Japan holds a special place in my heart because I’ve not only had great memories and experiences while on holiday there, I’ve also worked and lived there for almost 2 years.
If you’re itching to visit Japan but are worried if it’s going to be difficult because of the language barrier, don’t worry. I say this often to people who are wary about going to Japan but can’t speak Japanese: if I can survive in a small city 2 hours away from Tokyo where majority of the people can’t understand English and I can’t speak, read nor write Japanese, you will do just fine. I picked up a little Japanese when I was living there but only enough to get by with a whole lot of body language. It worked for me and it will definitely also work for you.
Here are some random tips for you that I’ve gathered over the years. I’ve got a lot more but I’ll be writing a thesis with them and that would bore the daylights out of you. Here they are in no particular order.
Don’t pay extra for breakfast at hotels
When booking hotels, don’t pay extra for breakfast buffet. They often cost up to 2000 yen per person (approximately AU$21.00) and personally, I find it a waste of money. What I like to do is to go to any nearby konbini (convenience store – there are heaps of them at literally every corner) and buy myself a cuppa soup and an onigiri (rice ball) for breakfast the next day which will cost be less than 500 yen in total. You can always save that money for better snacks, lunches, dinners, suppers and whenever you feel like eating. I love Japanese convenience stores; they sell the most interesting things!
Check out basement food floors at major departmental stores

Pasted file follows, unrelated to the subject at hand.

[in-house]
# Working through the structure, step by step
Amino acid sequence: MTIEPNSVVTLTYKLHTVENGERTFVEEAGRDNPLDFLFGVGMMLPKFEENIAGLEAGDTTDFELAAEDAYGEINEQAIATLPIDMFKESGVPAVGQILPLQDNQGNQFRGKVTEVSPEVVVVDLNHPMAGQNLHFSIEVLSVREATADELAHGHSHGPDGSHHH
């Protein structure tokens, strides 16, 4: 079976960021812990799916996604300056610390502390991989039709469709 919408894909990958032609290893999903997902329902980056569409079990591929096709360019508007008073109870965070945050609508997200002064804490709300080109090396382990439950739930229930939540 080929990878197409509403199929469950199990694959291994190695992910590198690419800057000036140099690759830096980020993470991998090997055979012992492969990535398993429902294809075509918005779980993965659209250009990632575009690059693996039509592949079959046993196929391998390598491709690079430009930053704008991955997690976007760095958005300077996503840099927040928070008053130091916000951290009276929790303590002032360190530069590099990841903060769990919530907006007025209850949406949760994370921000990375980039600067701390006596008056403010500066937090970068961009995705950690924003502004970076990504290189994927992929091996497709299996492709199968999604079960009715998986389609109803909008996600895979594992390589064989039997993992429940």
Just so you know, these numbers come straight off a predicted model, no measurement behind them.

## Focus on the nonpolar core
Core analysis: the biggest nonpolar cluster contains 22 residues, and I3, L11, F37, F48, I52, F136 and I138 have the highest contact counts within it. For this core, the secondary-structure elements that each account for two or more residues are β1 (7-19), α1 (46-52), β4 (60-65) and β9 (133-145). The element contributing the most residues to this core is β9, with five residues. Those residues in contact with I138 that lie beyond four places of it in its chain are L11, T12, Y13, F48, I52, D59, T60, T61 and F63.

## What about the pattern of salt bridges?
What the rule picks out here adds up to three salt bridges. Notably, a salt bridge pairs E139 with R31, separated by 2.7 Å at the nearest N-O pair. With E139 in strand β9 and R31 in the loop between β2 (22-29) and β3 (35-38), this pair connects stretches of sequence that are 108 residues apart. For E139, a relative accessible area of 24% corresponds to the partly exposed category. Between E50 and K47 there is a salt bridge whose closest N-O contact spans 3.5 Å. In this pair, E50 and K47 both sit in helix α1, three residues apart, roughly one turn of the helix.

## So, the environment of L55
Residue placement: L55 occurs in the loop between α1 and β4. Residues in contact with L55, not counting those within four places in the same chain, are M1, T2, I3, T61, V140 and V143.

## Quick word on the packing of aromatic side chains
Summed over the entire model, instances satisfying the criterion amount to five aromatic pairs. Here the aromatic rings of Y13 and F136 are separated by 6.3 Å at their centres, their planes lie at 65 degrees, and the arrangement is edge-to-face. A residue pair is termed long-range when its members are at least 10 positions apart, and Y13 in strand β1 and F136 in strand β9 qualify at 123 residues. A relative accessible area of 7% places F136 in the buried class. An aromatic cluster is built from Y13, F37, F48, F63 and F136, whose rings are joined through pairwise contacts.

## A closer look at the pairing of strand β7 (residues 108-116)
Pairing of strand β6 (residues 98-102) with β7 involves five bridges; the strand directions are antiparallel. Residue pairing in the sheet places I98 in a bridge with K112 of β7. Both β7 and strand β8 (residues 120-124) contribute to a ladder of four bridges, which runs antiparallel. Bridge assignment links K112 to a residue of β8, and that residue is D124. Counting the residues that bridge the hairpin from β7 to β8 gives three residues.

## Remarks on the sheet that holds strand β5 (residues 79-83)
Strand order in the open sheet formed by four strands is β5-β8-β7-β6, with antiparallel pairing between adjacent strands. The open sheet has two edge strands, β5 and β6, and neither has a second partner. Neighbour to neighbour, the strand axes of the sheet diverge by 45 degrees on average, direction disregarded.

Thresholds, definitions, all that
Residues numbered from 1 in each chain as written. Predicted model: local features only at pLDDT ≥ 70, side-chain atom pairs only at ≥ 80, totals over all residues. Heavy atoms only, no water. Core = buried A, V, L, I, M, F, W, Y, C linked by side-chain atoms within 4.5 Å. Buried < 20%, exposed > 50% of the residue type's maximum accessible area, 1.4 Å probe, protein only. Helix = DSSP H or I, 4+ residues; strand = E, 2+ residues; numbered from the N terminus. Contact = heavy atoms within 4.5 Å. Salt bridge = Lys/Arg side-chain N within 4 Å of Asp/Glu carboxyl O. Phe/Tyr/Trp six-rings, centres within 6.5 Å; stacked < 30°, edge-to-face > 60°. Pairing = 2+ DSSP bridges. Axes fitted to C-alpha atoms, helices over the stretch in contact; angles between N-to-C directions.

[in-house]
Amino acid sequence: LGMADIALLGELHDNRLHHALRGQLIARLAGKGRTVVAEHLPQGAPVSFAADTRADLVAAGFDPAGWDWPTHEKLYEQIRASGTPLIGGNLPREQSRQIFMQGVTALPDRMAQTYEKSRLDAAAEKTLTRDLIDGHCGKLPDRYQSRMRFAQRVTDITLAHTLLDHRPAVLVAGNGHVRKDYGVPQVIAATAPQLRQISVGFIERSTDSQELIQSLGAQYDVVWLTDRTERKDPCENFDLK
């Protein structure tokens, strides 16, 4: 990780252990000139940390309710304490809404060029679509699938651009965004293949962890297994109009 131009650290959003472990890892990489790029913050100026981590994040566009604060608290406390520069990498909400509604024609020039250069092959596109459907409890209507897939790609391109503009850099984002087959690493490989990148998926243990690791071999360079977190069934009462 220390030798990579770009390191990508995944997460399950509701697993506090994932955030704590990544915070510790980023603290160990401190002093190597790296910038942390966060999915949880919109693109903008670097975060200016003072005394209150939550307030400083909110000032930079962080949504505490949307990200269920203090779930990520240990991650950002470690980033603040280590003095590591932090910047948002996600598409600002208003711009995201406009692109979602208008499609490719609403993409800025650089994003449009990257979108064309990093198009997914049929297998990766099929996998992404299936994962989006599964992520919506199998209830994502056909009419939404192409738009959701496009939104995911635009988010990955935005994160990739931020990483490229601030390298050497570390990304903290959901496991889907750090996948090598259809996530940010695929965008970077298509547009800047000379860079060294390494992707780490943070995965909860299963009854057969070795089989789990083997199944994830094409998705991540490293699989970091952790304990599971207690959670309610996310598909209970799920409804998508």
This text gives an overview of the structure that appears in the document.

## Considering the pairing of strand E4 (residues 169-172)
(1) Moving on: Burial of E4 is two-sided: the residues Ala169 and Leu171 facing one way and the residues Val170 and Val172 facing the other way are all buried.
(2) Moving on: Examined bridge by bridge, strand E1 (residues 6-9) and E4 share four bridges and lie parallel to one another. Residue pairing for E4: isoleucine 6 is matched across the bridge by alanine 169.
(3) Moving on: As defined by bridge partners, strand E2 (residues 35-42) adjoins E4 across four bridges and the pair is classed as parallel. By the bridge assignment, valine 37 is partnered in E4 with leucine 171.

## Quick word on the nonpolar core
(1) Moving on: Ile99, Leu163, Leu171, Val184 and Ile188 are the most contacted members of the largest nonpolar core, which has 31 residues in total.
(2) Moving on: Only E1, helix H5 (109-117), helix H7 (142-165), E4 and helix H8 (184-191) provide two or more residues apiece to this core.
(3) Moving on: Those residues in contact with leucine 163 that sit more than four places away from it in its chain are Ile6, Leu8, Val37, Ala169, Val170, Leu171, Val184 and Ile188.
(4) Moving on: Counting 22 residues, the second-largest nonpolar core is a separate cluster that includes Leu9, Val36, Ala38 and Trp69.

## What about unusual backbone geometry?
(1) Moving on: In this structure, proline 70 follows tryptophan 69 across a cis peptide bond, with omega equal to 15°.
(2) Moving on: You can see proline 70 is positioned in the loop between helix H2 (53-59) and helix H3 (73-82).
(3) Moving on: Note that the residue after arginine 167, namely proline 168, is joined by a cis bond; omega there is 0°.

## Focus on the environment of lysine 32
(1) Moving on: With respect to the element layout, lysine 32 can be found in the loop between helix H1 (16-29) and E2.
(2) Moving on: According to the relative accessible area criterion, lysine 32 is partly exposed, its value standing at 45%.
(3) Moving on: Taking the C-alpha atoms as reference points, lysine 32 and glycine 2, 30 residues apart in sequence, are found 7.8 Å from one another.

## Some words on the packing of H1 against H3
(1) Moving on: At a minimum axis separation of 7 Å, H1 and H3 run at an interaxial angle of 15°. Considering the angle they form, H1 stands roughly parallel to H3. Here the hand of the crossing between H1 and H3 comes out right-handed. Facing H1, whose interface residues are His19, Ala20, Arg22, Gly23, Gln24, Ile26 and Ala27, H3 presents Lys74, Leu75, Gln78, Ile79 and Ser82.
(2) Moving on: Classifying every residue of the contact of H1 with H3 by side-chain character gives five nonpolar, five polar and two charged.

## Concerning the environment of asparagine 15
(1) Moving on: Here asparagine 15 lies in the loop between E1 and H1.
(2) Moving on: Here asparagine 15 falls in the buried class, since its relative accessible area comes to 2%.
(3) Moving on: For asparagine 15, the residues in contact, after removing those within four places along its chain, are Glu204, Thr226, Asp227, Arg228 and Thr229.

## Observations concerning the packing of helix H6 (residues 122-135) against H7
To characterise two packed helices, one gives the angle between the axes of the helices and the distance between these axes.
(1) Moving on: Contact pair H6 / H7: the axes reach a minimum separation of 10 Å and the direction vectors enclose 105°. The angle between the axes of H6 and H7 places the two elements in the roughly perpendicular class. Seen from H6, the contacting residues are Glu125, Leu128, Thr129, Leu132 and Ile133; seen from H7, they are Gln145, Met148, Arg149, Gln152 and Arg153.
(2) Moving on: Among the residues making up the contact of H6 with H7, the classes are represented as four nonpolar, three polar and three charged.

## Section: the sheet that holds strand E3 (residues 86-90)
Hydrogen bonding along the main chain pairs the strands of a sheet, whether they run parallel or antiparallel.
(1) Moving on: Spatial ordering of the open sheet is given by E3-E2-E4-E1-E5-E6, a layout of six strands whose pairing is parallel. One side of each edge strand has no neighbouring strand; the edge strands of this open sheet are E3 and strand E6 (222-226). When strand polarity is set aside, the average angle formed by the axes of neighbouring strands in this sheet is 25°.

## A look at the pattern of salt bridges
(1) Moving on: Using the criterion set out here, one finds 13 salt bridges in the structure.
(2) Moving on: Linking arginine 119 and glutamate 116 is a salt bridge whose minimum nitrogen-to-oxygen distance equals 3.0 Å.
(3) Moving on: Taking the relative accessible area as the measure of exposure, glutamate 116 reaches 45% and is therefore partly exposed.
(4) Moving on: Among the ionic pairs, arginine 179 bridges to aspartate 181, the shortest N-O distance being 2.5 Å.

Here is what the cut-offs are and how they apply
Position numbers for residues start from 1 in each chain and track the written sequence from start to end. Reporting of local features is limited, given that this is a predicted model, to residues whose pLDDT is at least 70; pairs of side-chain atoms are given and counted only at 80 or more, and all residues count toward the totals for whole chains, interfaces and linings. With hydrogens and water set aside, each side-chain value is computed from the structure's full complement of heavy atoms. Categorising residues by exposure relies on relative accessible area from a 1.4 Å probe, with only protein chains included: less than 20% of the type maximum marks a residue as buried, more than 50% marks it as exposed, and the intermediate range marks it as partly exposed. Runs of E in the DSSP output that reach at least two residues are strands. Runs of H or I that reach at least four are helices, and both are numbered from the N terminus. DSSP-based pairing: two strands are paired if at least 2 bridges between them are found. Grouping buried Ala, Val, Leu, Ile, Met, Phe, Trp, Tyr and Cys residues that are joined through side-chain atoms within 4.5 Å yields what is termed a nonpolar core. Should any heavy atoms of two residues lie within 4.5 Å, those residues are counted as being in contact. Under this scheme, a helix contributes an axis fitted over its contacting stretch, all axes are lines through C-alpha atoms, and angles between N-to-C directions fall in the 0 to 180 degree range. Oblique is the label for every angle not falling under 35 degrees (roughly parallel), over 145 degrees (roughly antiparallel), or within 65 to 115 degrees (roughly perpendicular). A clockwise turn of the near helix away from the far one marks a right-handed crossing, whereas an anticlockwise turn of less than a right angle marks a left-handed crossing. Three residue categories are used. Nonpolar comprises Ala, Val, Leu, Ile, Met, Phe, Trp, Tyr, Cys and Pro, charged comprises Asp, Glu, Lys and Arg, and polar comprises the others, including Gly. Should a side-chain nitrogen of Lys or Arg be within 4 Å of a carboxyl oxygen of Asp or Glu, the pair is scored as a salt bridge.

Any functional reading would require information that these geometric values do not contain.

One of my favourite places to go after a long day of sight-seeing is the basement food floor at major departmental stores like Takashimaya. There’s so much good food to see and try! You’ll be amazed at the amount of delicious baked goods, bentos, fresh fruit, seafood, etc. Tip: go after 7.30pm because a lot of the items will have marked-down prices, especially at the bakeries. Half-priced pastries! Yum!
If you enjoy writing travel journals, bring it with you!
Every tourist attraction has a “stamping table”. This is usually at the end of every tour or at the exit of the attraction. Students who are at these attractions are usually there on school excursions and they stamp the back of their exercise books with the special rubber stamp to show that they’ve been to that attraction. These rubber stamps are exclusive to each tourist attraction so remember to stamp your journal on your way out!
When in doubt, use fare adjustment
The railway maps in Japan are pretty easy to read and if you’re able to read the maps, you’ll be able to figure out the fares for each stop easily. However, certain towns in Japan only have Japanese or kanji characters on the map so if you don’t know how to read them, it might be difficult to figure out the fares to each stop. All you have to do is buy the cheapest fare available from the vending machines and access the platforms with that ticket. Once you arrive at your destination, before leaving the platform, go to the Fare Adjustment machine to top up the fare and then leave. Easy peasy!